Initially on fixed-wing gunships, such as the AC-47 and AC-119 the side-firing armament was fitted by combining SUU-11/A aircraft pods, often with their aerodynamic front fairings removed, with a locally fabricated mount. These pods were essentially unmodified, required no external power, and were linked to the aircraft's fire controls. The need for those pods for other missions led to the development and fielding of a purpose built "Minigun module" for gunship use, designated the MXU-470/A. These units first arrived in January 1967 with features such as an improved 2,000 round drum and electric feeder allowing simplified reloading in flight. The initial units were unreliable and were withdrawn almost immediately. By the end of the year, however, the difficulties had been worked out and the units were again being fitted to AC-47s, AC-119s, AC-130s, and even being proposed for lighter aircraft such as the O-2 Skymaster. A fit of two MXU-470/As was also tested on the AU-23A Peacemaker, though the Royal Thai Air Force later elected to use the other configuration with the M197 20 mm cannon.
|U.S. Army Designation||U.S. Air Force Designation||Description|
|XM18||SUU-11/A||Gun pod fitted with the GAU-2/A/M134 7.62 mm machine gun and fixed rate of fire of 4,000 RPM|
|XM18E1/M18||SUU-11A/A||SUU-11/A/XM18 variant; various improvements including additional auxiliary power and selectable fire-rate capability (2,000 or 4,000 RPM)|
|M18E1/A1||SUU-11B/A||SUU-11A/A/M18 variant; differences modified selectable fire-rate capability (3,000 or 6,000 RPM)|
|N/A||MXU-470/A||Emerson Electric module for mounting a GAU-2B/A minigun; used in AC-47, AC-119G/K, and AC-130A/E/H aircraft|
Various iterations of the minigun have also been used in a number of armament subsystems for helicopters, with most of these subsystems being created by the United States. The first systems utilized the weapon in a forward firing role, for a variety of helicopters, some of the most prominent examples being the M21 armament subsystem for the UH-1 Iroquois and the M27 for the OH-6 Cayuse. It also formed the primary turret mounted armament for a number of members of the AH-1 Cobra family. The weapon was also used as a pintle-mounted door gun on a wide variety of transport helicopters, a role it continues to serve in today.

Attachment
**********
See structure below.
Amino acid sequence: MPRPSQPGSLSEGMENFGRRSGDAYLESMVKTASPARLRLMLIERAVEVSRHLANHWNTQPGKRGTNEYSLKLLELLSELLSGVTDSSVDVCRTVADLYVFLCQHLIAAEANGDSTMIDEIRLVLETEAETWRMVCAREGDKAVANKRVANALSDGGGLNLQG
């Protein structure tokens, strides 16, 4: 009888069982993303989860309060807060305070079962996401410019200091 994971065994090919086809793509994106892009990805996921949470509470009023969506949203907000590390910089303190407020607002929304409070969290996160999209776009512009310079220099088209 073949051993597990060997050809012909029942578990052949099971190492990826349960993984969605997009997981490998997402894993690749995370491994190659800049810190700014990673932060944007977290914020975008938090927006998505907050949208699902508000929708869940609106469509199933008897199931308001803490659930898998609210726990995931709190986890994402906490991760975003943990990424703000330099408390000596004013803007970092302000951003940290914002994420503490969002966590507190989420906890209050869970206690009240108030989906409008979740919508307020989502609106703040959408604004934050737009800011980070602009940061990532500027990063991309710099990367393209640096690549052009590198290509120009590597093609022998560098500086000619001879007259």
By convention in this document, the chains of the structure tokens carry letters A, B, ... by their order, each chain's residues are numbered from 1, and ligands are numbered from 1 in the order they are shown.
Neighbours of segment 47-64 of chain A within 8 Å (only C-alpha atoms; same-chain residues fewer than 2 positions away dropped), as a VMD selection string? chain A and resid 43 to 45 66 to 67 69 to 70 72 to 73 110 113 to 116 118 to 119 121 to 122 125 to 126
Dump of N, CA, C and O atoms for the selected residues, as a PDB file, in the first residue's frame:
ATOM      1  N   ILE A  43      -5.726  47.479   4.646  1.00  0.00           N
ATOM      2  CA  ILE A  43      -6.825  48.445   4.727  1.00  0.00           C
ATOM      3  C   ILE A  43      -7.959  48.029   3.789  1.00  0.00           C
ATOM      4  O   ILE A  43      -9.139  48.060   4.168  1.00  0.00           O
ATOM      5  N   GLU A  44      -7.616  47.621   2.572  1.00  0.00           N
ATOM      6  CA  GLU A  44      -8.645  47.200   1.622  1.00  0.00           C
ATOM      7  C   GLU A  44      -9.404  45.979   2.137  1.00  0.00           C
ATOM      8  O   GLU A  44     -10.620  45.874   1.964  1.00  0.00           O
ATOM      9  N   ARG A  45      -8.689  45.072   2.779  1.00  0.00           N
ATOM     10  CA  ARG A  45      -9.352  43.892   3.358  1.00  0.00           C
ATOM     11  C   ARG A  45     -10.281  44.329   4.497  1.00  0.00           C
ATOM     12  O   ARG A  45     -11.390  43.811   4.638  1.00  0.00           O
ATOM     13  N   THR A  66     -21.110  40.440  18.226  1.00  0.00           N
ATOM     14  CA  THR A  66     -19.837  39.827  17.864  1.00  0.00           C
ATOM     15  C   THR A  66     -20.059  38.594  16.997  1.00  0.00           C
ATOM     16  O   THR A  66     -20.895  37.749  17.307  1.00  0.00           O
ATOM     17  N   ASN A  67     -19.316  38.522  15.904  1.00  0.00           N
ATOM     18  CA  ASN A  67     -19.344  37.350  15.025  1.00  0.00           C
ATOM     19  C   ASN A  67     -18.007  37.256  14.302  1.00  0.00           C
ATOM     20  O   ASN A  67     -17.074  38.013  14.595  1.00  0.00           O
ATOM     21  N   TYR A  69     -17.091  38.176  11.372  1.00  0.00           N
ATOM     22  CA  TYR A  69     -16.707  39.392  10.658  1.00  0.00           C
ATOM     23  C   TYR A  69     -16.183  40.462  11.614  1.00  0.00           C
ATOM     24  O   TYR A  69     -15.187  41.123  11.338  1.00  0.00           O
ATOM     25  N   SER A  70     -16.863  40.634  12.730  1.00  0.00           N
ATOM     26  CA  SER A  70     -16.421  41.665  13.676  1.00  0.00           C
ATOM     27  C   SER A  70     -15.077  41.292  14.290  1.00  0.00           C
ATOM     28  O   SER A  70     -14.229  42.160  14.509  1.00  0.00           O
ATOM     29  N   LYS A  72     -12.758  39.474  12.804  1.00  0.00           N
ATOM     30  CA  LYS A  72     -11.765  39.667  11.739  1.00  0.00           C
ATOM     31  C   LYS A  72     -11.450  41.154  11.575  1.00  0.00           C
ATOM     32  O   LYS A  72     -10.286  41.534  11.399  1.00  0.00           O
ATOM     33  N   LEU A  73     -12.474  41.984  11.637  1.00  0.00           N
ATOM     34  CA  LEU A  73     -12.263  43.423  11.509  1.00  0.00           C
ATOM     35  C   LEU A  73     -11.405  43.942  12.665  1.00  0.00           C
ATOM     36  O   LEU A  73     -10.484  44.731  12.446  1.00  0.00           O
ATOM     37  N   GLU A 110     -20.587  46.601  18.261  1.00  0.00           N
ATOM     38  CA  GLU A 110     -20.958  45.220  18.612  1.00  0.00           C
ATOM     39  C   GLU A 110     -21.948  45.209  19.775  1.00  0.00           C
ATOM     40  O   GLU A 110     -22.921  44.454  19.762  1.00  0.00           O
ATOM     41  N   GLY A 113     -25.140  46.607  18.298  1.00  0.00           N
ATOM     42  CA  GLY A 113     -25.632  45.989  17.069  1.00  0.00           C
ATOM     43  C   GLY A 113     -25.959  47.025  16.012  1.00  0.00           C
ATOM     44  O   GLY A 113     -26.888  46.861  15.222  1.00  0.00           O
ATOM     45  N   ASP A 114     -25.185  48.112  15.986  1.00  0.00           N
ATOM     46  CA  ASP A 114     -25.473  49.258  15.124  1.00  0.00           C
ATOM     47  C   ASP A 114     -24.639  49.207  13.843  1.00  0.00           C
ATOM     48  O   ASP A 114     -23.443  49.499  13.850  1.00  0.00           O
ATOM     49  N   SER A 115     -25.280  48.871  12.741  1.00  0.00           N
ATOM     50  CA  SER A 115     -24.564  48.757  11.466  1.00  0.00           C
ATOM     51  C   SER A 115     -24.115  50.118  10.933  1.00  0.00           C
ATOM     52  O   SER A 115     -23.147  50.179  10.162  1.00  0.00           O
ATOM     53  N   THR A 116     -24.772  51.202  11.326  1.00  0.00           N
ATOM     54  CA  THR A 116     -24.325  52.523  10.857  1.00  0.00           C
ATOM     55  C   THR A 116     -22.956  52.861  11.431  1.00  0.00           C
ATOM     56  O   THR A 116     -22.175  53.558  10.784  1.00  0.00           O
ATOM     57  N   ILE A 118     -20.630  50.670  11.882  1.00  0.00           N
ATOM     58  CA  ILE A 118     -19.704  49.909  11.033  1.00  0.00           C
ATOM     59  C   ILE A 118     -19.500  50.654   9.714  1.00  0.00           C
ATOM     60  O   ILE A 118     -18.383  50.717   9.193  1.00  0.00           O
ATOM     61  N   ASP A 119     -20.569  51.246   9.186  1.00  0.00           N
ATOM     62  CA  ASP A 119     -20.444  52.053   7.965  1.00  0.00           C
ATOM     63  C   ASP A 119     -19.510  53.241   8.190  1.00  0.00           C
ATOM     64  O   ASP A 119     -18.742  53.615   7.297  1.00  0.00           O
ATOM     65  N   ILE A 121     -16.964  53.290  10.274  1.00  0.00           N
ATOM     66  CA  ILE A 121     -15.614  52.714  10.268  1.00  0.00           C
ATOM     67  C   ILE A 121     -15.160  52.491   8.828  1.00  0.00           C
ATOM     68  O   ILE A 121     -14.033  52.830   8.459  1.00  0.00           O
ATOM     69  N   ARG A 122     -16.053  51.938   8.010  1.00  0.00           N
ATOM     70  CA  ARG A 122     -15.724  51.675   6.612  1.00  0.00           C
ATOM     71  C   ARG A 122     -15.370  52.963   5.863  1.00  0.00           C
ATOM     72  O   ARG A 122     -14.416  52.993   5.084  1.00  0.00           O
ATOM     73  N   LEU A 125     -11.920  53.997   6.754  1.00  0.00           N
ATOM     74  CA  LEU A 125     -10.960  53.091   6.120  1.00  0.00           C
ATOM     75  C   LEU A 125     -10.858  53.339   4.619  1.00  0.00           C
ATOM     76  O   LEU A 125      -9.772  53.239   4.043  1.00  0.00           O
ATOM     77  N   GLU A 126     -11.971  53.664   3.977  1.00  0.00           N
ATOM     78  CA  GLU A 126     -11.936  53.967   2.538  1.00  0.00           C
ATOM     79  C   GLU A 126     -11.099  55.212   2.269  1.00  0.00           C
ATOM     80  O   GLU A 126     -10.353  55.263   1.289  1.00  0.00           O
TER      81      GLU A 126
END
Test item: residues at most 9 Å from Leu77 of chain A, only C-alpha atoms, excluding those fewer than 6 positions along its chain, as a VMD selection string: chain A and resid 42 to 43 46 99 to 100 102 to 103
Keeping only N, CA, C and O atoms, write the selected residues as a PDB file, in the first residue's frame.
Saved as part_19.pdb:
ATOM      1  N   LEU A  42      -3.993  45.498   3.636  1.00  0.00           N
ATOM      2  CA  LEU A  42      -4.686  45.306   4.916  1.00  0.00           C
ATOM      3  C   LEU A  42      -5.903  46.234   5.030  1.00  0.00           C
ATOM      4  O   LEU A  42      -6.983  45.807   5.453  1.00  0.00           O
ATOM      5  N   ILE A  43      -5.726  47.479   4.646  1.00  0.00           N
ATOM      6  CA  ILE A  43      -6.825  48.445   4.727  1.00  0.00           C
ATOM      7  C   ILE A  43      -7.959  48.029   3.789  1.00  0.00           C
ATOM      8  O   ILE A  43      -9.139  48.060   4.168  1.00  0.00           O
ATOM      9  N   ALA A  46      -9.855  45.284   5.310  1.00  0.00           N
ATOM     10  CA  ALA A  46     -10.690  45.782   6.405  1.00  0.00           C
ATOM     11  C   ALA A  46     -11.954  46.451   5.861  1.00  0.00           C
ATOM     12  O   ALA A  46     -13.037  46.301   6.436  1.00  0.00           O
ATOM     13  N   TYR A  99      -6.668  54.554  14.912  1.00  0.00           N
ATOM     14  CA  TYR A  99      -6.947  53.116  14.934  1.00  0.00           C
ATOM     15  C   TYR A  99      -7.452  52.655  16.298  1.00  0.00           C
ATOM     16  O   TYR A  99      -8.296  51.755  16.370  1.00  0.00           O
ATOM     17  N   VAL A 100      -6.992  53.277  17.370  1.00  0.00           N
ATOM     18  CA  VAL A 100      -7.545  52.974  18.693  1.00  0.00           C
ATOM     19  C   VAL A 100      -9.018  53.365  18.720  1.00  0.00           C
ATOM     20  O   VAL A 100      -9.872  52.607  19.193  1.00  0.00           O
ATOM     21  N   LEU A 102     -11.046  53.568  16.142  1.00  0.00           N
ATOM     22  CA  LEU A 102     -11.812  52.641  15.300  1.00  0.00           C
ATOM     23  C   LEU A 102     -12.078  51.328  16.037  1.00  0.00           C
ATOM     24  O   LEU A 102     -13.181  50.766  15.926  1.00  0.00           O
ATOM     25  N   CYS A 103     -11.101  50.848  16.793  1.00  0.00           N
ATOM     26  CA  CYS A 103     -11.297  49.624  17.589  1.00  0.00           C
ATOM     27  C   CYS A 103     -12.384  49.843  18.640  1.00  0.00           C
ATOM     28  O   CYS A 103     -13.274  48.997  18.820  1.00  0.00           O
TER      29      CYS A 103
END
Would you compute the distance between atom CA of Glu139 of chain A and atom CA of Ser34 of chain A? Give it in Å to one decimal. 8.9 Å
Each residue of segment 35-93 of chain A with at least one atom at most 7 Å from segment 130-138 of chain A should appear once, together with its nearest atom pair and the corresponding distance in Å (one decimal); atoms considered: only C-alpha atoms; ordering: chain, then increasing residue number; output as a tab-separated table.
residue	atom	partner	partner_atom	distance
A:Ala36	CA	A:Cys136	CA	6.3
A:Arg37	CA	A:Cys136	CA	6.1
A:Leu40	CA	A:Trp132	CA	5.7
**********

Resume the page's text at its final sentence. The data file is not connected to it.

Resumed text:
|US Navy Designation||Description|
|Mk 77 Mod 0||Machine gun mount for the GAU-2/Mk 25 Mod 0/GAU-17 series of machine guns; deck mount applications|
- Neal MG, a 5 barrel .22LR self operated weapon.
- XM133, a gas operated variant.
- EX-17 Heligun, a self operated rival to the M134.
- Bangerter machine gun, a 12 barrel self operated weapon.
- Slostin machine gun, a self operated weapon of USSR origin.
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- DiGiulian, Tony. USA 0.30 caliber (7.62 mm) Minigun. NavWeaps.com, 30 October 2006. Access Date: 3 April 2008.
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- "Dillon M134D".
- United States, 1969, p. G-1-3
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- Uusi Suomi
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- Armament of the Georgian Army.
- "En Enero el Ejercito Mexicano recibira 400 full Kits M-134 minigun para Hummvees y Cheyenne". Todopormexico.foroactivo.com.mx. 2010-12-21. Retrieved 2012-01-20.
- M134G for WP. (pl)
- Hogg, Ian (1989). Jane's Infantry Weapons 1989–90, 15th Edition. Jane's Information Group. p. 351. ISBN 0-7106-0889-6.
- Ballad, Jack S. Development and Employment of Fixed-Wing Gunships, 1962–1972. Washington, DC: Office of Air Force History, United States Air Force, 1982.
- Davis, Larry. Gunships: A Pictorial History of Spooky. TX: Squadron/Signal Publications, Inc, 1982. ISBN 0-89747-123-7
- Gervasi, Tom. Arsenal of Democracy III: America's War Machine, the Pursuit of Global Dominance. New York, NY: Grove Press, Inc, 1984. ISBN 0-394-54102-2.
- Gunston, Bill. The Illustrated Encyclopedia of Aircraft Armament. New York, NY: Orion Books, 1988. ISBN 0-517-56607-9.
- Jane's Weapon Systems, 1986–1987. Ronald T Pretty, Ed. London, UK: Jane's Publishing Company, Ltd, 1986. ISBN 0-7106-0832-2
- United States. Headquarters, Department of the Army. FM 1–40 Attack Helicopter Gunnery. Washington, DC: Headquarters, Department of the Army, 1969.
|Wikimedia Commons has media related to: Minigun|
- 2005 Patent on a Minigun Design
- DeGroat Tactical Armaments; new production M134
- Dillon Aero; new production M134
- M134 Minigun at Modern Firearms
- Exploded diagrams and specifications
- GAU-17 info at NavWeaps.com
- Specs on a variety of minigun models
- The M134 Minigun in film at imfdb.org
- Hand Held M134 Minigun – As used in "Predator" and "T2"
- Video showing a CG animation of the firing process of a minigun.
- Military.com video – Helicopter mounted applications